Dollar Thrifty Is First Firm to Get NYSE Market-cap Break

Big Board, under pressure to hold onto its shrinking firm, sees this as one of a dozen that could benefit from a threshold relaxation to $15 million from $25 million.

The New York Stock Exchange, which had announced a temporary relaxation of its listing requirements in light of the rapid market-capitalization decline of many of its listed firms, applied a new, lower threshold in not delisting Dollar Thrifty Automotive Group shares.

The Big Board acknowledged that rental car company is one of a dozen or so companies that could benefit from the NYSE’s decision to reduce its listing requirement, which previously called for a $25-million minimum market cap. An exchange official would not identify the other companies that could benefit, however.

Dollar Thrifty acknowledged that it had failed to meet the $25 million minimum market capitalization requirement for the 30-day period ended Dec. 22, 2008. But the company said that the NYSE, in advising the Dollar Thrifty of its decision, had recognized the overall decline in trading prices in today’s volatile markets.

“We are pleased that the NYSE has demonstrated some flexibility on their listing standards during these exceptional times,” said Scott Thompson, president and CEO of Dollar Thrifty.

On Friday, the NYSE announced its temporary relaxation of the market-cap threshold. Through April 22, companies with an average global market cap falling below $15 million over 30 consecutive trading days will be promptly delisted. However, that level is 40 percent lower than the standard threshold of $25 million.

The move “will enable companies of suitable size and quality to remain listed during current difficult market conditions,” said Richard Ketchum, chief executive officer of NYSE Regulation Inc. All of the exchange’s other criteria for continued listing will remain unchanged.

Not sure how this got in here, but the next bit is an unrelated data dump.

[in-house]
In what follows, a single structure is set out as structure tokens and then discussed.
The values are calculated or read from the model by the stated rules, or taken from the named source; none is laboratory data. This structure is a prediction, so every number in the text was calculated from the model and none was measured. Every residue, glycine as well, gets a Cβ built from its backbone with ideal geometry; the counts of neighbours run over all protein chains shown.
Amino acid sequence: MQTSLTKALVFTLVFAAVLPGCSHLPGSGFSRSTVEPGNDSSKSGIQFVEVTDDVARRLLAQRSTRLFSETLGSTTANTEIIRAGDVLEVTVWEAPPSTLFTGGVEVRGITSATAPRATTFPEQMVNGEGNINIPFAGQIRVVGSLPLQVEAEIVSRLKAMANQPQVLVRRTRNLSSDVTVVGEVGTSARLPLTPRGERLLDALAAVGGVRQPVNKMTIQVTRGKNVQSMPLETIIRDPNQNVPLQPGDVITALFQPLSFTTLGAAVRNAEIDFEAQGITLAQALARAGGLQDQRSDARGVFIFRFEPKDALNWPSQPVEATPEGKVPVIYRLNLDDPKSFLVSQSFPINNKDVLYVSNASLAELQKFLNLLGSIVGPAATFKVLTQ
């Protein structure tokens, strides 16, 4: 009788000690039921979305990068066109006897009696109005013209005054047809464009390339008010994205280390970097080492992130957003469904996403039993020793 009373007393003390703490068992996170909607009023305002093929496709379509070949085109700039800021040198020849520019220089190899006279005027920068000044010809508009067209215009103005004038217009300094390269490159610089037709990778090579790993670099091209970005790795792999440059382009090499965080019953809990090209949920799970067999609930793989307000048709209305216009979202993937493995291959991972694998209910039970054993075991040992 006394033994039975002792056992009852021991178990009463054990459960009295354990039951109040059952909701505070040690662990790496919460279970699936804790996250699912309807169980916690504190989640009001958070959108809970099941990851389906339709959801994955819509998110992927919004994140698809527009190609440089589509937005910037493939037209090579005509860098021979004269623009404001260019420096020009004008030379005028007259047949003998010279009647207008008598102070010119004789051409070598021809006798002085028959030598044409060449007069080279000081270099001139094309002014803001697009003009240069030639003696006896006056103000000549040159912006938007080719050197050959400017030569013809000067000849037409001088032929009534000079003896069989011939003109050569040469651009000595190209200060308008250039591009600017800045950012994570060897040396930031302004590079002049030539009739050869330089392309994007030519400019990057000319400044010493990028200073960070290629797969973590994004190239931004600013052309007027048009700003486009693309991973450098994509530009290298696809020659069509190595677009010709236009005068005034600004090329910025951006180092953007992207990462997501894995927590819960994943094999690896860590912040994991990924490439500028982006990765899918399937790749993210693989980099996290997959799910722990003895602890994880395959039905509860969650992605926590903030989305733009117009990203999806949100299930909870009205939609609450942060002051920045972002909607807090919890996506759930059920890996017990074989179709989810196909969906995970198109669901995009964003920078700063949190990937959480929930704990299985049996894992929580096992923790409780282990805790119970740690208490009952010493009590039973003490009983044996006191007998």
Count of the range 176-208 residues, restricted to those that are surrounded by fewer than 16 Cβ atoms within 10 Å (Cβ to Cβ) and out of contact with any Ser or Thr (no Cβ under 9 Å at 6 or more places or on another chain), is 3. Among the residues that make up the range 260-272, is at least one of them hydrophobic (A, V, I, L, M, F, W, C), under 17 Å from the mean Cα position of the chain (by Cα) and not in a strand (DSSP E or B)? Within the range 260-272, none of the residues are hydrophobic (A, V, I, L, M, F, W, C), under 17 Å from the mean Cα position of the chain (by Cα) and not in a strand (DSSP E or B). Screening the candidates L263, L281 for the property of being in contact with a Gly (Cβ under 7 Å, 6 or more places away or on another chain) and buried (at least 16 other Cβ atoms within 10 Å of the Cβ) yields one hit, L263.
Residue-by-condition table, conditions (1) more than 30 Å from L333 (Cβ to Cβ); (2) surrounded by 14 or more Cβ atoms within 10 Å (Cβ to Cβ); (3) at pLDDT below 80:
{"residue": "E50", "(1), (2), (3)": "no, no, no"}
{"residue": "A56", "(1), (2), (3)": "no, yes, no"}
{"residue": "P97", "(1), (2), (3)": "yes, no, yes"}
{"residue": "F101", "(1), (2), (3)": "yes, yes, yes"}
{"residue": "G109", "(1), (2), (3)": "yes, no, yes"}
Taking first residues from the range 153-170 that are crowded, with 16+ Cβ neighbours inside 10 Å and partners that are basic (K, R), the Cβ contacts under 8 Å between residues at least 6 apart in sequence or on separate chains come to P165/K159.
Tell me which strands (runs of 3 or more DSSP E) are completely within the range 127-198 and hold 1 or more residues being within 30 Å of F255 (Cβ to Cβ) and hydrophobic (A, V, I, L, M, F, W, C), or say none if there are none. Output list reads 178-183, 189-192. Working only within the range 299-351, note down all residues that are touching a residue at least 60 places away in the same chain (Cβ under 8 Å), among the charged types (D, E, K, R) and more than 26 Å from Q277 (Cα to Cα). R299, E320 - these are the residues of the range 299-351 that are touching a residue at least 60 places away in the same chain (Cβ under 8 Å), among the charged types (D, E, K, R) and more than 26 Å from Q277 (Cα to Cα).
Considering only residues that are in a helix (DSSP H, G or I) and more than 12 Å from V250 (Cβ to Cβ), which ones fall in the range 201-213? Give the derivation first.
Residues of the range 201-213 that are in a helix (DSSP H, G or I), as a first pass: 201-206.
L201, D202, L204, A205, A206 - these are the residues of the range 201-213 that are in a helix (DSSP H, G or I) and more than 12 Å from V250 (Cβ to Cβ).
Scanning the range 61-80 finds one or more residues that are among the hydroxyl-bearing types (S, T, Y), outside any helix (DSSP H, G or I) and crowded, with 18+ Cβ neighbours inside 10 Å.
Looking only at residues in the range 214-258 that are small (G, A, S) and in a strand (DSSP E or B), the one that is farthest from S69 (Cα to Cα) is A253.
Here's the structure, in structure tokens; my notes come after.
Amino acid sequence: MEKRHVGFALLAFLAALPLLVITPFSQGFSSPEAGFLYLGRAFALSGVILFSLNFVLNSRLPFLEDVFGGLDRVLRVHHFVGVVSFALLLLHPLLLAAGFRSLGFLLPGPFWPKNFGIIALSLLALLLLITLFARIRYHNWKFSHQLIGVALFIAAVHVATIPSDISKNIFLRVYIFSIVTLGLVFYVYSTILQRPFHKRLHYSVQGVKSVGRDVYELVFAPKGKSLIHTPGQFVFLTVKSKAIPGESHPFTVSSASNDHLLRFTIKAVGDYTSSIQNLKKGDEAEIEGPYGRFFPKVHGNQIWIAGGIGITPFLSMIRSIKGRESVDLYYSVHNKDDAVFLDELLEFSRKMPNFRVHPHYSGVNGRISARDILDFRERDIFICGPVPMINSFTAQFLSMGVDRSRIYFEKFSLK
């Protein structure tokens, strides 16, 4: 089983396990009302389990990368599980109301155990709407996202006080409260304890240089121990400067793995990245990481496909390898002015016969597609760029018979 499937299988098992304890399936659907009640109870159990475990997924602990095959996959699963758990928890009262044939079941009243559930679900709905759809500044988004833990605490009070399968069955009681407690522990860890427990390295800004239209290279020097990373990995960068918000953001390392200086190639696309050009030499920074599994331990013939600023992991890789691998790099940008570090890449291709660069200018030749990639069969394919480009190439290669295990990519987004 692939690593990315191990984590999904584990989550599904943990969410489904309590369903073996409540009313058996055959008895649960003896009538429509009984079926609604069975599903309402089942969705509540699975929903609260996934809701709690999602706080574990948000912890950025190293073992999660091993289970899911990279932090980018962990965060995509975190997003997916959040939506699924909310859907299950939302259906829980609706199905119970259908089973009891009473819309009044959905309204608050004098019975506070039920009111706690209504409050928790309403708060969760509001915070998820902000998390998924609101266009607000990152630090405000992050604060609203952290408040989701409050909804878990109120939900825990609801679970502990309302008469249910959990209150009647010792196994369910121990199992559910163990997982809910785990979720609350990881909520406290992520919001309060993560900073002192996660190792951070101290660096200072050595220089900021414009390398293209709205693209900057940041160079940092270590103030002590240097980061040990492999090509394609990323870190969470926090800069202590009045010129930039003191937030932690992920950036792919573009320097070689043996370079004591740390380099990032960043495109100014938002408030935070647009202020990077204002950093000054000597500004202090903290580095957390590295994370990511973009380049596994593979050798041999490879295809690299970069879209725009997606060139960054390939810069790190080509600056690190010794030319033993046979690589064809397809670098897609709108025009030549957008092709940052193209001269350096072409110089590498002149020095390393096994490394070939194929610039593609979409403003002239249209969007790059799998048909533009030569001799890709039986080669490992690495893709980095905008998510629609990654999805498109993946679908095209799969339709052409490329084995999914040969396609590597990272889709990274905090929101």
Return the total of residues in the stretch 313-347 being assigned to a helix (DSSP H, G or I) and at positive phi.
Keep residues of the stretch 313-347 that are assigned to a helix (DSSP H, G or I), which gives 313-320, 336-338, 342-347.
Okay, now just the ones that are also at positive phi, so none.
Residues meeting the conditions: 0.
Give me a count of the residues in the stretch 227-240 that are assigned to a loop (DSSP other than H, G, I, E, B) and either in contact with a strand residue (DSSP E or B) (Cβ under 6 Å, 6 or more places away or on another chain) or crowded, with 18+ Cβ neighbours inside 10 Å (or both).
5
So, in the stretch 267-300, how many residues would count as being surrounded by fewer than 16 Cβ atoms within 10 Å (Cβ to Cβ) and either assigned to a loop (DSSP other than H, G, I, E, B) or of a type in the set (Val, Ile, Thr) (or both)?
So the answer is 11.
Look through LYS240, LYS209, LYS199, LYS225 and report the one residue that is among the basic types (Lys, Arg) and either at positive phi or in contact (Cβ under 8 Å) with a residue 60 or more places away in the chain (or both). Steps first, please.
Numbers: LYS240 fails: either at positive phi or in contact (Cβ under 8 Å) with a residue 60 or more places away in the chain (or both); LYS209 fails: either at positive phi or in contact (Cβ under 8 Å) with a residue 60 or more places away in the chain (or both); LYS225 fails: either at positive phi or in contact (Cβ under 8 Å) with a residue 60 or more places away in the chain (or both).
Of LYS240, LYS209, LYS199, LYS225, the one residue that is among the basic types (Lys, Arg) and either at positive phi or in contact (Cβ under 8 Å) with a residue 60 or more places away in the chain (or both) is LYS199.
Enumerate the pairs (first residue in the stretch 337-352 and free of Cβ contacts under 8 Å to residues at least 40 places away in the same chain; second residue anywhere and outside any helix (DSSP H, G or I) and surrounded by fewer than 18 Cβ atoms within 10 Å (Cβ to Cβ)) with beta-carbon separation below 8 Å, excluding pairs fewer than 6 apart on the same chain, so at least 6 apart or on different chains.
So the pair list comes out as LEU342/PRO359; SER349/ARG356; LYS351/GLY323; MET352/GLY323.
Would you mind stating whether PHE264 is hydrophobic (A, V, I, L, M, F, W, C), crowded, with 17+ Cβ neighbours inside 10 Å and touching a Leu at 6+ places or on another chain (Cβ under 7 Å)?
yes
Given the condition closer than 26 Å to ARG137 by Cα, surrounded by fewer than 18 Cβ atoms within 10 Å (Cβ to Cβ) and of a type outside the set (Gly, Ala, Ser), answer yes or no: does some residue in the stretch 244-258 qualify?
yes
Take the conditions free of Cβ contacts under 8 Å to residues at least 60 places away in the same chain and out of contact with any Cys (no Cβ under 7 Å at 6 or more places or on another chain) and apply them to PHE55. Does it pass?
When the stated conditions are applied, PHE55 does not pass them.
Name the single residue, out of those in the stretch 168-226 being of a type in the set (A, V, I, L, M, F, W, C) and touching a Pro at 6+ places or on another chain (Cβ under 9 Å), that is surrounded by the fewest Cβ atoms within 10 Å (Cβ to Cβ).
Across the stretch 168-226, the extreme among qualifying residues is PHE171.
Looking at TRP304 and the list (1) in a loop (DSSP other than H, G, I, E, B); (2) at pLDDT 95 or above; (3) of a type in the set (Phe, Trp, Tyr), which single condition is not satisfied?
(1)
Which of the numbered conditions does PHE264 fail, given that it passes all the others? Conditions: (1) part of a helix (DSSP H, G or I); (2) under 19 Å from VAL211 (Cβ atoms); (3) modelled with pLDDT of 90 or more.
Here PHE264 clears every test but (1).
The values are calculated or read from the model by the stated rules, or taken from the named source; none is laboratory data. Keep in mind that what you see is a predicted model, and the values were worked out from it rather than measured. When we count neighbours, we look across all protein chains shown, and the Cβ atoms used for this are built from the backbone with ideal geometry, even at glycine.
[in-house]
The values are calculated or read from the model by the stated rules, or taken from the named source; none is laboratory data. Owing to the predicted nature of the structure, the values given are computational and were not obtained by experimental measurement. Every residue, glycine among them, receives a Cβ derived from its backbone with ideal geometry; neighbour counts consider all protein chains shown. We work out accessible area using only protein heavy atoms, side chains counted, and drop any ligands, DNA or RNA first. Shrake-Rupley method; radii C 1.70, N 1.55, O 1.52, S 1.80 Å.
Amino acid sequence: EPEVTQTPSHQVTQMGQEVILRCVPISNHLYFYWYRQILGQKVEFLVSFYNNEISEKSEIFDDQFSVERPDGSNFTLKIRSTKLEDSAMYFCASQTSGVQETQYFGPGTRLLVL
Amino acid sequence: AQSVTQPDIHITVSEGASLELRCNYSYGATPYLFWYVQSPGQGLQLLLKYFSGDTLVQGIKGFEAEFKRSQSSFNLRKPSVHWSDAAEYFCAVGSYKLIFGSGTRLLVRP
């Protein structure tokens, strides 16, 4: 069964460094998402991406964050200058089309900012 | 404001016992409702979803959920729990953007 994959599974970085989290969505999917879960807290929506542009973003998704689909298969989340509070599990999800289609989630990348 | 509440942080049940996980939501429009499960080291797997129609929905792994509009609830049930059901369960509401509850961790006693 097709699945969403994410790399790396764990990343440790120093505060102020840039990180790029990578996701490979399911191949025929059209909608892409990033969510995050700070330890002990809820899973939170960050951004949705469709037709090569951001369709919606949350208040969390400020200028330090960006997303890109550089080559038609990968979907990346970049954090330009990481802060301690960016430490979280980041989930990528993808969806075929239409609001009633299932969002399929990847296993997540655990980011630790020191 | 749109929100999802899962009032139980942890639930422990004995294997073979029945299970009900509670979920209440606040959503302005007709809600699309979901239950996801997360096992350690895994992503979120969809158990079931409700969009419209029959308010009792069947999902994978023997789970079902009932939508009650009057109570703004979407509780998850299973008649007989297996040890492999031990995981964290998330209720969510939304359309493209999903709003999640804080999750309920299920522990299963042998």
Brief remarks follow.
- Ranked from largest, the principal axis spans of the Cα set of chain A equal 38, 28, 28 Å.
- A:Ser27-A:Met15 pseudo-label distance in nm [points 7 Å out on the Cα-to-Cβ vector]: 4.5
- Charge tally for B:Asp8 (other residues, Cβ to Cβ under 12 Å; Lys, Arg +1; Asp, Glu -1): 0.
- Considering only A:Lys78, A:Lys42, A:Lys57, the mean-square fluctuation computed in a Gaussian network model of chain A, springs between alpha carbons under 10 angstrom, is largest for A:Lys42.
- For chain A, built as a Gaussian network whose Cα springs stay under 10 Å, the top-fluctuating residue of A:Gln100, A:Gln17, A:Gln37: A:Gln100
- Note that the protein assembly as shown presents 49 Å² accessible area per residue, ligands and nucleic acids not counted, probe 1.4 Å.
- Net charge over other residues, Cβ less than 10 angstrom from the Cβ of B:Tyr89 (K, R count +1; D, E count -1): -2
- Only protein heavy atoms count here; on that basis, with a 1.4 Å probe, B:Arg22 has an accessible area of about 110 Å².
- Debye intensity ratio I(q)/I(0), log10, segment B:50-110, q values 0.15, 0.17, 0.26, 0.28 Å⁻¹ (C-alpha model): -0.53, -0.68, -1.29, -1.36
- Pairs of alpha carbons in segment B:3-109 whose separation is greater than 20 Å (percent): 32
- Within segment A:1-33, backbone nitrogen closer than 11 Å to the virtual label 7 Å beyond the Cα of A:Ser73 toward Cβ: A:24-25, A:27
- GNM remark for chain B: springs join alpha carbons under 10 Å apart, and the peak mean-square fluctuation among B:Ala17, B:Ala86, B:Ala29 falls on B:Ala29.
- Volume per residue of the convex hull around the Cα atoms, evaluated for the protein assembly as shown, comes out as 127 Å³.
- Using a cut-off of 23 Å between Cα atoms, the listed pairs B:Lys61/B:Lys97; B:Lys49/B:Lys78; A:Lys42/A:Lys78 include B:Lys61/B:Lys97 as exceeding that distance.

The Big Board explained that because of recent steep declines in trading prices of many securities, the number of listed companies with a market cap below $25 million has grown significantly higher than the historical norm. However, it did not say how many had suffered such a decline.

“The exchange believes that, in many cases, these companies have experienced precipitous stock price declines because of these unusual market conditions, rather than company-specific problems,” it said. It added that it believes that these companies’ market caps likely will increase as the current market turbulence passes.

The NYSE also noted that it has chosen to temporarily lower the listing standard, rather than to impose a complete moratorium on application of the standard, because it continues to believe that companies with market caps deteriorating to a level below $15 million are unsuitable for continued listing on the exchange.

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